When a beauty brand releases a throwback collection that pays homage to your childhood memories, it’s always exciting. From Sailor Moon compacts to Lisa Frank makeup brushes, millennials love their nostalgia. That’s why the new Face Shop x The Simpsons collab is so amazing: It brings the beauty world and our favorite TV family crashing together.
When you think of skin care, you might not necessarily think of Homer or Marge Simpson. The canary yellow skin might make it seem like they don’t have much to offer in terms of beauty tips, but this collection serves up a lot of everyday skin essentials. Not only are the products great, but they would look crazy fun displayed on your vanity or tucked away inside your medicine cabinet.
The last person you would think you would get beauty advice from is Homer Simpson, but here we are. If there’s one thing the Face Shop x The Simpsons collection teaches us, it’s that the cartoon family has a spot in the beauty world. The K-Beauty brand The Face Shop has just announced a multi-product skin care collection, offering up everything from sunscreen lotions to sheet masks. And while the products are going to be amazing for your skin and complexion, the packaging is what makes this collection truly fun.
The discovery of Frida Kahlo in the bins at the front of CVS seemed like an accident. How did nail polish and lipsticks intricately illustrated with the artist’s portrait and motifs come to mingle with mini tweezers and travel-sized Purell? Given America’s well-documented Fridamania, this under-the-radar placement seemed like a mystical accident.
“You would think that something so beautiful would get more attention,” says Karen Monterichard of Makeup and Beauty Blog. She first spotted the Republic Nail collection on Instagram, but was surprised to find it wasn’t available to purchase online — or even at every CVS, the sole distributor of this Mexico-based makeup line. However, after visiting multiple CVS stores, the adrenaline of the hunt kicked in. “I kind of liked that not a lot of people knew about it,” says Monterichard, who ultimately netted four of the nail polishes and five lipsticks.
“I completely disappeared. I just left. I stopped uploading to YouTube. I’m an Aries so I’m either very hot or very cold,” says Michelle Phan, who stopped by the Racked offices on a recent whirlwind press junket to promote the launch of her Em cosmetics line. It’s not the first time she’s launched Em, however.
Phan, who is almost 30, is one of YouTube’s biggest success stories and arguably one of the most popular and recognizable so-called beauty gurus on the platform, with almost 9 million subscribers and well over a billion views of her videos. Then there’s Ipsy, her beauty sampling company, which is worth a reported $500 million.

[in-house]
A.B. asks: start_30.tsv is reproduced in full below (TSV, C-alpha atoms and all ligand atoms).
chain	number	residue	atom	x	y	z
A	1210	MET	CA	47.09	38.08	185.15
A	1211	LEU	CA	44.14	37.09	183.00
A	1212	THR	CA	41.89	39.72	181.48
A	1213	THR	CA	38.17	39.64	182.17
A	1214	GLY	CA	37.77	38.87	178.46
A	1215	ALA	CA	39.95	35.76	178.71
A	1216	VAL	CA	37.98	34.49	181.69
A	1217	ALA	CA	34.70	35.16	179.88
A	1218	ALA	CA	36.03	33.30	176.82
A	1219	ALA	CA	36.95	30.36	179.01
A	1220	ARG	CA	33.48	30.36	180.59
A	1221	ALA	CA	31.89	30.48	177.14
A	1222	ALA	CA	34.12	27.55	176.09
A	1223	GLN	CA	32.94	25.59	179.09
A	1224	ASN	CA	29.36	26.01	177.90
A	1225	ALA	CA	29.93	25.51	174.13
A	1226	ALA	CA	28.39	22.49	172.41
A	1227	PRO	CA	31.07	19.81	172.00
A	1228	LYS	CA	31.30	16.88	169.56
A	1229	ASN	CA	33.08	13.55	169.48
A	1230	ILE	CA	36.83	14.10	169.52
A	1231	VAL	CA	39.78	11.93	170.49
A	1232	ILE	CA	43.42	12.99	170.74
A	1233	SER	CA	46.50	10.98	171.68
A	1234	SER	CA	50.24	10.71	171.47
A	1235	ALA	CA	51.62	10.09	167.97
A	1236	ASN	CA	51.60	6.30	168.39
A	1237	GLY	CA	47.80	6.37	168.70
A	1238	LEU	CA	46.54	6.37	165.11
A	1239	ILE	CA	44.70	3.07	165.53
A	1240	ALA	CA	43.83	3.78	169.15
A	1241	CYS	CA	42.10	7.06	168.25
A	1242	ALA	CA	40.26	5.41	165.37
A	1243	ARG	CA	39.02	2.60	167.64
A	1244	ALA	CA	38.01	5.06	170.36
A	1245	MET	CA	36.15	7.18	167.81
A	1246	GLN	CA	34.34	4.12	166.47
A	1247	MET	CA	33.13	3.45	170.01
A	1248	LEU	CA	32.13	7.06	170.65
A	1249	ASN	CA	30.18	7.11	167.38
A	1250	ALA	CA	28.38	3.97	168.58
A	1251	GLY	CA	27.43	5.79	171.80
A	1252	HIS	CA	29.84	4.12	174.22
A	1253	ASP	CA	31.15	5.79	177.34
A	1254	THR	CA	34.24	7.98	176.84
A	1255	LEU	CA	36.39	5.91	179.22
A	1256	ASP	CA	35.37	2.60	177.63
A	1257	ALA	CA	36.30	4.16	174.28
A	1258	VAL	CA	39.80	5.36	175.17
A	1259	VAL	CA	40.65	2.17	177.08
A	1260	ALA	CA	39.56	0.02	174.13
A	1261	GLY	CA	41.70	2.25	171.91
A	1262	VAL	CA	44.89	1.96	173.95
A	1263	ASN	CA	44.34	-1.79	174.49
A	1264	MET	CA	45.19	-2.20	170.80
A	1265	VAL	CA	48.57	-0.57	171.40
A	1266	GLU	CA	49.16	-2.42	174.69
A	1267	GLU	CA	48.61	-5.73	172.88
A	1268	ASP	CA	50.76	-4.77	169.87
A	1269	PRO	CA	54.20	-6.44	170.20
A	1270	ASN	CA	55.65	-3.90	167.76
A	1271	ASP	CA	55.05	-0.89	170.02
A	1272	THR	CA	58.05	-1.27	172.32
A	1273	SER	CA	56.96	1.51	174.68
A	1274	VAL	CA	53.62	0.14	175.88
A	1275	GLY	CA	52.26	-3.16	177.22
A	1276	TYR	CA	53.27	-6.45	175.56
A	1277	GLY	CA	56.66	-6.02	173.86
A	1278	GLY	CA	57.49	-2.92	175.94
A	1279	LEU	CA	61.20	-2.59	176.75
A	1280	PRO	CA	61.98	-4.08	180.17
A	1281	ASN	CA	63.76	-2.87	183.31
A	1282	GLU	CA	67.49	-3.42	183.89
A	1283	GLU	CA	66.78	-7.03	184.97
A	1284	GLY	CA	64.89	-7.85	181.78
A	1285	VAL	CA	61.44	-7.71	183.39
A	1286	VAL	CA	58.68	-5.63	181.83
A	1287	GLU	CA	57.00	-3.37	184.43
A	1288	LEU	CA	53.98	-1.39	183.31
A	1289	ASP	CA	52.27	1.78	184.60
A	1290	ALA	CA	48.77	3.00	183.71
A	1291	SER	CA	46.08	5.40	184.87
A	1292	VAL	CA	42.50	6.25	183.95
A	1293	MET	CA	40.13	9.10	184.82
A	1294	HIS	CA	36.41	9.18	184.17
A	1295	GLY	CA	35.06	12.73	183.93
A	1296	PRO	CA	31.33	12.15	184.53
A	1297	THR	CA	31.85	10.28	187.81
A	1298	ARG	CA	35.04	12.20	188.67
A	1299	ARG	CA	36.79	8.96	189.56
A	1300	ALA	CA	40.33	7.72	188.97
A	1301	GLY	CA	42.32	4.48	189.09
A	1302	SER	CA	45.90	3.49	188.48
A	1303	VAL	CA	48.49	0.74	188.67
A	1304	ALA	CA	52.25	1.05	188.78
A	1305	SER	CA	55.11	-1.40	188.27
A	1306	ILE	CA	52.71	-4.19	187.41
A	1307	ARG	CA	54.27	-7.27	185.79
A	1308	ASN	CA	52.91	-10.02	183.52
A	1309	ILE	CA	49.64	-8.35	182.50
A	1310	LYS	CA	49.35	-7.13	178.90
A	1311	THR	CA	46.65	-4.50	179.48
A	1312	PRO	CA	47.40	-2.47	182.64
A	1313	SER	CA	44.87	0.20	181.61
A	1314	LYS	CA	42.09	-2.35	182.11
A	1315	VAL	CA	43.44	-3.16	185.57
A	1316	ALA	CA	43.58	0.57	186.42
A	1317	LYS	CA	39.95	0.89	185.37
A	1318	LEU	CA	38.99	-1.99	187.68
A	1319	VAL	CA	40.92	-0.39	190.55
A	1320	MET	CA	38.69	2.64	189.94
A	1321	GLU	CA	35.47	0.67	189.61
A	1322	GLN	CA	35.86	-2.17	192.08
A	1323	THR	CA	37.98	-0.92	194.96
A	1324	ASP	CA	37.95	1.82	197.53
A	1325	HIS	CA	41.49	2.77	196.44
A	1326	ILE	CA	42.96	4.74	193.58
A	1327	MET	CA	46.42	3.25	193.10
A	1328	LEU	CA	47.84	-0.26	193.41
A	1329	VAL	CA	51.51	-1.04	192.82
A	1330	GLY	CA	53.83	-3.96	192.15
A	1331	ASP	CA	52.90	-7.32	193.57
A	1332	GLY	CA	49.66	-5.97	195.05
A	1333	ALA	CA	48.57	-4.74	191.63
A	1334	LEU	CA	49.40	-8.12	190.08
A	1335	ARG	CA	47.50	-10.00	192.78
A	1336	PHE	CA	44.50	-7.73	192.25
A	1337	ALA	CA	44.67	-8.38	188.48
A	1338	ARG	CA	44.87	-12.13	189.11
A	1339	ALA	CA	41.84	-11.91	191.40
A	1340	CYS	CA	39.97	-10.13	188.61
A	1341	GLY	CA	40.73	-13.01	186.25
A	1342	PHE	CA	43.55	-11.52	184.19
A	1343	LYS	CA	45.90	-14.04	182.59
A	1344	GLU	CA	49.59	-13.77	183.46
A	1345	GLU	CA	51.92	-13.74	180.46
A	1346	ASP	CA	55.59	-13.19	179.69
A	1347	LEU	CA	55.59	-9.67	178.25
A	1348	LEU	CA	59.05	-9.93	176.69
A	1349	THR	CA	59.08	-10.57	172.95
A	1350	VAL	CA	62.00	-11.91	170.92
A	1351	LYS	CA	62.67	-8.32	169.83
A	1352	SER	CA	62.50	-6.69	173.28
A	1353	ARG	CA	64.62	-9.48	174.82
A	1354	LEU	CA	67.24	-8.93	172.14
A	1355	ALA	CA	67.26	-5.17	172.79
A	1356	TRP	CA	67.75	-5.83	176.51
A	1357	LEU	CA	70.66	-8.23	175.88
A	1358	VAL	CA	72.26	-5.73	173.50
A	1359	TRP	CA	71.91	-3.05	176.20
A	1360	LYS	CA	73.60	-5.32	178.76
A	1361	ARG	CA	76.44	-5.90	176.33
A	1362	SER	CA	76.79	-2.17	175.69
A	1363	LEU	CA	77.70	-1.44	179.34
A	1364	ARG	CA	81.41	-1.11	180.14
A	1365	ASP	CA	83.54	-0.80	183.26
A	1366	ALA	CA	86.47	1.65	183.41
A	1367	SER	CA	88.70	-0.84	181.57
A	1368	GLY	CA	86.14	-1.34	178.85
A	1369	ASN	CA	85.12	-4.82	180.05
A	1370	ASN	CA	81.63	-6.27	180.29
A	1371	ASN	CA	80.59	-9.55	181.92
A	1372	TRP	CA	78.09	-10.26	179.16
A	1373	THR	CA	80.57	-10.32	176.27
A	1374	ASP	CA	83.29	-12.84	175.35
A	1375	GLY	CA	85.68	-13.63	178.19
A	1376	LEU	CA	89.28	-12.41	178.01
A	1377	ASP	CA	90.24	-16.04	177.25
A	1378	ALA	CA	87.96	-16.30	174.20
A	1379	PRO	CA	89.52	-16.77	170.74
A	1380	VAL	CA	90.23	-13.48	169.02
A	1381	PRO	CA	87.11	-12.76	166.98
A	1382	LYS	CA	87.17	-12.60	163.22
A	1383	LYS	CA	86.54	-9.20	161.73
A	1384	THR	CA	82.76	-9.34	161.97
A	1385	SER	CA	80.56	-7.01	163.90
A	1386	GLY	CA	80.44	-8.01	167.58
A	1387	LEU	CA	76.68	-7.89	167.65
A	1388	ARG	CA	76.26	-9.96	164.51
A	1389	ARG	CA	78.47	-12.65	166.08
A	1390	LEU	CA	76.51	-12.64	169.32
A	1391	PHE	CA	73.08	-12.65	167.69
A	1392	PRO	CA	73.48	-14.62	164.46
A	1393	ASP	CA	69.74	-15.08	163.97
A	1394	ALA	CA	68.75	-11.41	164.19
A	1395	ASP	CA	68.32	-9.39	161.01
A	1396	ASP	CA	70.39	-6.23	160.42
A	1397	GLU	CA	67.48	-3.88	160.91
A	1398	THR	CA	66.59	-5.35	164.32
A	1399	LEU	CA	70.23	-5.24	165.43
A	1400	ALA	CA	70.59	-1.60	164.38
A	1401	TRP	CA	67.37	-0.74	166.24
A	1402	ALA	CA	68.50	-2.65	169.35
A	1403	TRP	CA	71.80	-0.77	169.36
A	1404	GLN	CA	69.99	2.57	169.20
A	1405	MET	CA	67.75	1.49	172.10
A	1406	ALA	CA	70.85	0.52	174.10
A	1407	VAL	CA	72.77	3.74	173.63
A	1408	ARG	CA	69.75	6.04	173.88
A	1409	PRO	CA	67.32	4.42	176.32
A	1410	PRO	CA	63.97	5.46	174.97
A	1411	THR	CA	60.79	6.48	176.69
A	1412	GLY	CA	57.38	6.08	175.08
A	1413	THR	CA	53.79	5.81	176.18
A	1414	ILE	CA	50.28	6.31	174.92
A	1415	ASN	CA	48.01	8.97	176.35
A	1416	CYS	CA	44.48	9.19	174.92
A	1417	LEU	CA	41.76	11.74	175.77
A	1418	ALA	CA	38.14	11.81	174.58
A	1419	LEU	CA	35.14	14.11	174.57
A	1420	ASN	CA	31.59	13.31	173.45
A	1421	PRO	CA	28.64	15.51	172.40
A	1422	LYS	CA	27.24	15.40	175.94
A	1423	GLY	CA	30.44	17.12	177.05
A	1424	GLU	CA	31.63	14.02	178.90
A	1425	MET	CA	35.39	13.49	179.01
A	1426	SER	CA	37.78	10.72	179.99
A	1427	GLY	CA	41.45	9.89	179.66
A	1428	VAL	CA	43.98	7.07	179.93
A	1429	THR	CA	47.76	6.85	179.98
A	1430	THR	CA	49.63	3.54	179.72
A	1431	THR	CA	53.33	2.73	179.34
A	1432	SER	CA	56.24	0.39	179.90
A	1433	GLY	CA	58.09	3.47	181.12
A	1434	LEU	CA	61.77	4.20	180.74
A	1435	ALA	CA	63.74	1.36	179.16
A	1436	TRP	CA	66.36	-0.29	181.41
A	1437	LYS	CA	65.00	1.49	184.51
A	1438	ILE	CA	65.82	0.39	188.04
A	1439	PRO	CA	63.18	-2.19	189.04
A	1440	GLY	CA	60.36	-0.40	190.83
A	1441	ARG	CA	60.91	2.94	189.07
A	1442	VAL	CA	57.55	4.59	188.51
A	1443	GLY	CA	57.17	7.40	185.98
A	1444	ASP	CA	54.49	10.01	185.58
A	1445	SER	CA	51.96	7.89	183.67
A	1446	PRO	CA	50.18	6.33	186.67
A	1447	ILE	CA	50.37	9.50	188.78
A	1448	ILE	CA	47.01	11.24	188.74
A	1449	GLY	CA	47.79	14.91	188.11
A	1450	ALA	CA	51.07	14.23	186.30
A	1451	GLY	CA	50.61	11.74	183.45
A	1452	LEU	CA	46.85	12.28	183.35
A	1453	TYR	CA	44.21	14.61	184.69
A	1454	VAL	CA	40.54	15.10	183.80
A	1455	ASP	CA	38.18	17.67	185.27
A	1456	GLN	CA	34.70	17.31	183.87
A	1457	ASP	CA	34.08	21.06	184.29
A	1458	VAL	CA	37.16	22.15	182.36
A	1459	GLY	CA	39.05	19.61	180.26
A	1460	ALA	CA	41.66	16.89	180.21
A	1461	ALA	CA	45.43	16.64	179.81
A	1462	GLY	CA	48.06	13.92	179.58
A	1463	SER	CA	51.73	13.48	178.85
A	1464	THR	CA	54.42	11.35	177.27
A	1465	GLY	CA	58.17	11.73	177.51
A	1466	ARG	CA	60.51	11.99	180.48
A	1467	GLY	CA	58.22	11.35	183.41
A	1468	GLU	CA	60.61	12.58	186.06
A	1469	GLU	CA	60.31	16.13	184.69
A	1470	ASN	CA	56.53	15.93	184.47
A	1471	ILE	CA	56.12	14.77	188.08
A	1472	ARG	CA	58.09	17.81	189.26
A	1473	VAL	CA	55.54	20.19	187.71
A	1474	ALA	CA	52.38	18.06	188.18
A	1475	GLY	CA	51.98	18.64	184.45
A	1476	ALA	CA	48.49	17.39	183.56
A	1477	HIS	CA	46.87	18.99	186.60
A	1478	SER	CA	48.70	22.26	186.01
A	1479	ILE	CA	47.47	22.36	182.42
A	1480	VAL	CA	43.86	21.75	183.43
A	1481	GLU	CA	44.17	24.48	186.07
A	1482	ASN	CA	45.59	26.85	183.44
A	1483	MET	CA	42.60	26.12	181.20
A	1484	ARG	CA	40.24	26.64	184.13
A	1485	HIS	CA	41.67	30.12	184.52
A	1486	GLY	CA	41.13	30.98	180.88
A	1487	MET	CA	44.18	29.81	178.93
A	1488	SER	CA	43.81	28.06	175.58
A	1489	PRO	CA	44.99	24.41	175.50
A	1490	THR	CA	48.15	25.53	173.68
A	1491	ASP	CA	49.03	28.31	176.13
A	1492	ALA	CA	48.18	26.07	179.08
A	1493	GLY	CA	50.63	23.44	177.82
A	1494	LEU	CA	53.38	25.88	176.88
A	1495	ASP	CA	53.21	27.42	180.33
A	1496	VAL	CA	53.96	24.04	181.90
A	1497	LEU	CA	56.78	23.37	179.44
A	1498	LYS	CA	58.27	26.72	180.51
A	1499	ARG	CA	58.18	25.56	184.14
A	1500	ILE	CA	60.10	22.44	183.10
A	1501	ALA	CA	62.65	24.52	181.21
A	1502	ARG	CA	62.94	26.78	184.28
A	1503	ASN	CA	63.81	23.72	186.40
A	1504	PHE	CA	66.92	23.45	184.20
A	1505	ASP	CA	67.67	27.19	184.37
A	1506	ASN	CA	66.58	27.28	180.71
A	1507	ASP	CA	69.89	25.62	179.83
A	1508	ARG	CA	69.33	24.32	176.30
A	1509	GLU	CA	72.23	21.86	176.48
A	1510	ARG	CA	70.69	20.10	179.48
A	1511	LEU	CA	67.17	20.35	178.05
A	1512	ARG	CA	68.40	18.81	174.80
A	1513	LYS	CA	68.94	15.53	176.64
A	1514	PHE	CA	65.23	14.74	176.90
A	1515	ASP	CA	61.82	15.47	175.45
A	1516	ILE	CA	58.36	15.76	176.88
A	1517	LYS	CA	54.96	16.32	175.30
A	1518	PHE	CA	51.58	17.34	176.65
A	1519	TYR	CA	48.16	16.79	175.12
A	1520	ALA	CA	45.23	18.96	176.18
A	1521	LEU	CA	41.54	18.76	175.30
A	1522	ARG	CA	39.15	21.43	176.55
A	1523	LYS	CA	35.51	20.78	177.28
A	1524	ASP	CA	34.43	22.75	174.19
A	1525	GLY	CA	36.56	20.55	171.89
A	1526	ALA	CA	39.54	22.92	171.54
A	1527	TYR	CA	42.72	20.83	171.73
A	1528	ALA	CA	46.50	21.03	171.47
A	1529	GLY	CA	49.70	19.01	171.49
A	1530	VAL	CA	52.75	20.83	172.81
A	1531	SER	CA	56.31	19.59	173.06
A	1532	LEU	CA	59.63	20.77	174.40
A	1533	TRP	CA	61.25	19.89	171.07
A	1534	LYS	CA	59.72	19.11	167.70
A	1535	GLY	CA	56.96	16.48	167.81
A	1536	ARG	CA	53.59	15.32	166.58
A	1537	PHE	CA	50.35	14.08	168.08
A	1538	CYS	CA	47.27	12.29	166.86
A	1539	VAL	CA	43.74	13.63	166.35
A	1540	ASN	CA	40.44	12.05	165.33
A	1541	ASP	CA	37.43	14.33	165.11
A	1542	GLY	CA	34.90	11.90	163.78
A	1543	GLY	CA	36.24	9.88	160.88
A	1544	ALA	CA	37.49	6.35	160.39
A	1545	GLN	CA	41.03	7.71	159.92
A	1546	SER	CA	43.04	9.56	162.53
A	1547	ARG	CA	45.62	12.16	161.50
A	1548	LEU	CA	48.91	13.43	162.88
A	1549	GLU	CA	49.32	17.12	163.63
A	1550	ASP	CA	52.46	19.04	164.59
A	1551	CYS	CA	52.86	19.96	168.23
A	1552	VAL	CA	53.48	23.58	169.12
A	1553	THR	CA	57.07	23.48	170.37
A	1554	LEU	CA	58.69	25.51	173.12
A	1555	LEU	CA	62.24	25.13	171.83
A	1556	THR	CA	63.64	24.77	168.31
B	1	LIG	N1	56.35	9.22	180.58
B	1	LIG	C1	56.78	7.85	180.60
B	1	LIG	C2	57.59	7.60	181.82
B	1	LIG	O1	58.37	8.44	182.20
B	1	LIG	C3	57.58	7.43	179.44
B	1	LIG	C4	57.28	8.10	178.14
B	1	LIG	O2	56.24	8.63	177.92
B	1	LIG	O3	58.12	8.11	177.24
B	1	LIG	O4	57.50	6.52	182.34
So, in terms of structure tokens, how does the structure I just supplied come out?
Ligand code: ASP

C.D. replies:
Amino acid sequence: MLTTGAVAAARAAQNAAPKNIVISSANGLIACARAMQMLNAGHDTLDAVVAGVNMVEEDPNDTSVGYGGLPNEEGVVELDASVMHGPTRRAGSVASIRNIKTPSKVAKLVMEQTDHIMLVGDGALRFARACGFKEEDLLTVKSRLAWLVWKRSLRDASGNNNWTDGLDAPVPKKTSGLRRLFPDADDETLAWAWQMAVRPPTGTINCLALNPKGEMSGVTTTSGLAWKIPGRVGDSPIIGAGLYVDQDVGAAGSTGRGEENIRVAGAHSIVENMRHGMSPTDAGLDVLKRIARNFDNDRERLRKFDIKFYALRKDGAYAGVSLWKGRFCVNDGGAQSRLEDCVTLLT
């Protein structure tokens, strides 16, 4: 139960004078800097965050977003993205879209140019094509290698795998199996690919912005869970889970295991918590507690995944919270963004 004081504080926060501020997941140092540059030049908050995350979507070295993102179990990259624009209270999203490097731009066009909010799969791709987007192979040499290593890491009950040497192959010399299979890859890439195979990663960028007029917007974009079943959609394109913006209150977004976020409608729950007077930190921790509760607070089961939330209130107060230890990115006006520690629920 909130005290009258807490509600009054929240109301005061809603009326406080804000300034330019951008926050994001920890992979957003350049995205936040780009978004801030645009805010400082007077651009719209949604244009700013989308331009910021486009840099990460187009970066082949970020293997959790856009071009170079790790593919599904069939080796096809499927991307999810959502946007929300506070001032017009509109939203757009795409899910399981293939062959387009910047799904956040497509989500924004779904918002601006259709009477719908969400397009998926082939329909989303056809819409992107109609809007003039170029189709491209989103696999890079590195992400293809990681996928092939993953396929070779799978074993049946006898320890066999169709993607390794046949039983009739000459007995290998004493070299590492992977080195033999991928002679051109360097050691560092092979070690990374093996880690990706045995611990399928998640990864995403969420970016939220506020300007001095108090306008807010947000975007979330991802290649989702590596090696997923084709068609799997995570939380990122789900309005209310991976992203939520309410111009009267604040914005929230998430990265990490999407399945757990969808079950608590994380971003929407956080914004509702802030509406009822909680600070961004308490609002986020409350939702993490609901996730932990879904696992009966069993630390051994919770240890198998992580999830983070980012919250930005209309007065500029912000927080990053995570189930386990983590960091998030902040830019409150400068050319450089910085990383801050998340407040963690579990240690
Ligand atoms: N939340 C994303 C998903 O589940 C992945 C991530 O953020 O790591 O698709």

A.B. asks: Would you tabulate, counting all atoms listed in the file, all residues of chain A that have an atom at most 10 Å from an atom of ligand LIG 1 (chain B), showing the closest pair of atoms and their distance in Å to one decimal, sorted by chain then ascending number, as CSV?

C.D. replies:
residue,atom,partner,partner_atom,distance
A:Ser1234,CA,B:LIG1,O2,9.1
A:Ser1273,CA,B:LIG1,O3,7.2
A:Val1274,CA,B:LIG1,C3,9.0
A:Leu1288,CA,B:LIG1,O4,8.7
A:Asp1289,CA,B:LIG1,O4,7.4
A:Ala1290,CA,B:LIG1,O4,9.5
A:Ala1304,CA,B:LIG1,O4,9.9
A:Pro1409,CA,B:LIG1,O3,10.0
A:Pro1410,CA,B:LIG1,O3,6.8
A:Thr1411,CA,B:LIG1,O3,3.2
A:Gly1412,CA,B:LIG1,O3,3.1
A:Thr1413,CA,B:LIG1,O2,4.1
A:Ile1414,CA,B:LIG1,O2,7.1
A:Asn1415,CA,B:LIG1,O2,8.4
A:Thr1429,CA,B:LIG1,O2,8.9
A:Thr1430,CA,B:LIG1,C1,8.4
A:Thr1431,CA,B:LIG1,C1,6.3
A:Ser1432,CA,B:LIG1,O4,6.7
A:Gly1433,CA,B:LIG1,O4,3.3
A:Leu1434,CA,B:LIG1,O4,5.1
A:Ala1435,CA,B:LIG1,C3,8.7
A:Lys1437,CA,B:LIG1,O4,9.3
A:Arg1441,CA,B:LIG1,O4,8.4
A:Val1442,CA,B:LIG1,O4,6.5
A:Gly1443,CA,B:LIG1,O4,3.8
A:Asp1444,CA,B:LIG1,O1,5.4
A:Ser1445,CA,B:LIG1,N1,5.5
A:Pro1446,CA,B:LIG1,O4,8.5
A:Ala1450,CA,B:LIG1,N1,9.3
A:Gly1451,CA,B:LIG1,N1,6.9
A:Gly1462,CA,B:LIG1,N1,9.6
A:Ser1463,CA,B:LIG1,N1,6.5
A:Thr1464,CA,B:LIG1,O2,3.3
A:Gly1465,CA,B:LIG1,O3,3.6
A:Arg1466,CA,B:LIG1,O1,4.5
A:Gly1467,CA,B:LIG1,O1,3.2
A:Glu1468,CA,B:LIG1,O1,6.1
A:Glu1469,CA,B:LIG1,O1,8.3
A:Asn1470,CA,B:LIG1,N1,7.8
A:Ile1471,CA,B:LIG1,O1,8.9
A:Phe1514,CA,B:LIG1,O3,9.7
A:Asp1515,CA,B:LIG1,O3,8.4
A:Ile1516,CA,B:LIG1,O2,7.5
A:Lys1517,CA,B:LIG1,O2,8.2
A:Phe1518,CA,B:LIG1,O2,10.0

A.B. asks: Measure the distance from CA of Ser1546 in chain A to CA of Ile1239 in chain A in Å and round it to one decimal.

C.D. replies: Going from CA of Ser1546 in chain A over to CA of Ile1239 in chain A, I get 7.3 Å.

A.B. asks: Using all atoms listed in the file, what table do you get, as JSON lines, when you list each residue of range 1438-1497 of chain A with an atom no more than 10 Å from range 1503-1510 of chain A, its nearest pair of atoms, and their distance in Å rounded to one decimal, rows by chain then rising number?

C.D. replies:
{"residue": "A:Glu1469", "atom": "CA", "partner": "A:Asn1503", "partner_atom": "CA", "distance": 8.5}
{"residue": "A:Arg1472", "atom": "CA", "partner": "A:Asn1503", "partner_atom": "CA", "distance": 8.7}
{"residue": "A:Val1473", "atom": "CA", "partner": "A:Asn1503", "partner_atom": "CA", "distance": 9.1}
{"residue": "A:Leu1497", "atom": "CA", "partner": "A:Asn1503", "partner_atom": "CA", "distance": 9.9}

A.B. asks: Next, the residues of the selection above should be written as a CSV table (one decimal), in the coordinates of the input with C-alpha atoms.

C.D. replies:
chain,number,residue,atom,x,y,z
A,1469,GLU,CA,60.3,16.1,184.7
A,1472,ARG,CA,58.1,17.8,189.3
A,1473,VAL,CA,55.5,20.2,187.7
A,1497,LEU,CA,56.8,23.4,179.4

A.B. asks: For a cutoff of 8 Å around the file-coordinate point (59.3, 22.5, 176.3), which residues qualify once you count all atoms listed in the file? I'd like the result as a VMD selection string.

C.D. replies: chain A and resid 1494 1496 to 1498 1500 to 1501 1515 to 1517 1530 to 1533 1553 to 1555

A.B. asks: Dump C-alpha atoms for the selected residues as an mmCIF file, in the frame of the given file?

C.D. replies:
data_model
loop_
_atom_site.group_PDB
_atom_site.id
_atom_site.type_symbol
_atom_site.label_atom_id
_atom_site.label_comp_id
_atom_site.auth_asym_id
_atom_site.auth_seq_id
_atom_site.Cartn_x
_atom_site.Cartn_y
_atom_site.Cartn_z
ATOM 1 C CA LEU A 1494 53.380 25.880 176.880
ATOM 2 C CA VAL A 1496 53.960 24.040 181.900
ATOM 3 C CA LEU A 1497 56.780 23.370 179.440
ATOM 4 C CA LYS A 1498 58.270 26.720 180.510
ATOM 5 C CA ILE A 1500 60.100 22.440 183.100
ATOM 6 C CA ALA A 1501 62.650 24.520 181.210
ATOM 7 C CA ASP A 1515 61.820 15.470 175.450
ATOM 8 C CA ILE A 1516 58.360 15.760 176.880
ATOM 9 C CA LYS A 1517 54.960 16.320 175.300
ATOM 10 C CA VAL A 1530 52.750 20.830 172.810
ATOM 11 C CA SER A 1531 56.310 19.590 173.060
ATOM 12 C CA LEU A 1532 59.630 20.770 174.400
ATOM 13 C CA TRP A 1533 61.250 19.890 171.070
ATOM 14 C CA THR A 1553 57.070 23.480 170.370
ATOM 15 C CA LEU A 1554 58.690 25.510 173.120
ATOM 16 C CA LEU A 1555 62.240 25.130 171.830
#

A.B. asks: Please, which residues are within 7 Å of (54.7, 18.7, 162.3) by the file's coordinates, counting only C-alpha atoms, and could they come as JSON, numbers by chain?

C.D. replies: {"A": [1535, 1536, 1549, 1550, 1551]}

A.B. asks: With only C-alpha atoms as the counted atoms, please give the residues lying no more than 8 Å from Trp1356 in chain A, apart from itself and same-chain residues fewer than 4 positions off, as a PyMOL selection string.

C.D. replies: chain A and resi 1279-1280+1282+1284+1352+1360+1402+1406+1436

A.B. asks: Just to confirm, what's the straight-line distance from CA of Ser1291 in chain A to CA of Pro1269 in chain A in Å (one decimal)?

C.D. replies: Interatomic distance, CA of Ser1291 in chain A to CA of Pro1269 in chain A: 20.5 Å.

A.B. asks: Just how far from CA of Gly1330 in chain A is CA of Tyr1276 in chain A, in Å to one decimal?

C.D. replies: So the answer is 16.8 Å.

Glycerin’s in a lot of skincare products because it’s an awesome humectant moisturiser that can grab onto water and hold it to the skin. It’s also very cheap to buy at the supermarket ($9.35 for 200 mL at Coles in Australia, $6-7 for 473 mL/16 fl. oz on iHerb or Amazon).
What can you do with it? Here are some (low-effort) suggestions
Like anyone worth reading who is an influencer, I’m going to start by telling you that I hate the term “influencer”. Influencer is defined by dictionary.com as “a person who has the power to influence many people, as through social media or traditional media,” but it has evolved to be a job title for people who have followers on social media (even if they don’t actually making a living from their accounts). Basically bloggers, YouTubers, Instagrammers, etc.
Influencer sounds like something out of a Gary Shteyngart novel, which does make sense given that everything seems like something out of a Gary Shteyngart novel these days, but that doesn’t mean I need to roll over and accept the state of things. I am a blogger, a marginally better term.
And yet…I am an influencer. Sigh.
There are two things I like in this world: cosmetics and kpop (Korean pop music produced within the idol factory system).
What I don’t like: whack knock-offs. And yet here we are, as the Korean Wave is starting to crest in the U.S., dealing with pretty egregious and unpalatable fakes trying to capitalize on the trend by borrowing whole concepts down to minimally modified names.
Fuck this shit.
The Beauty Brains
Long time fans of the show will remember that I love getting questions about Alpha Hydroxy Acids because it gives me an excuse to retell the story of the marketing director for St. Ives didn’t quite get the acronym and would instead of calling them AHAs would call them “Ah-Ha’s.” That always amused me during meetings because it sounded like she was speaking with exclamation marks. “We need to launch a new AHA!”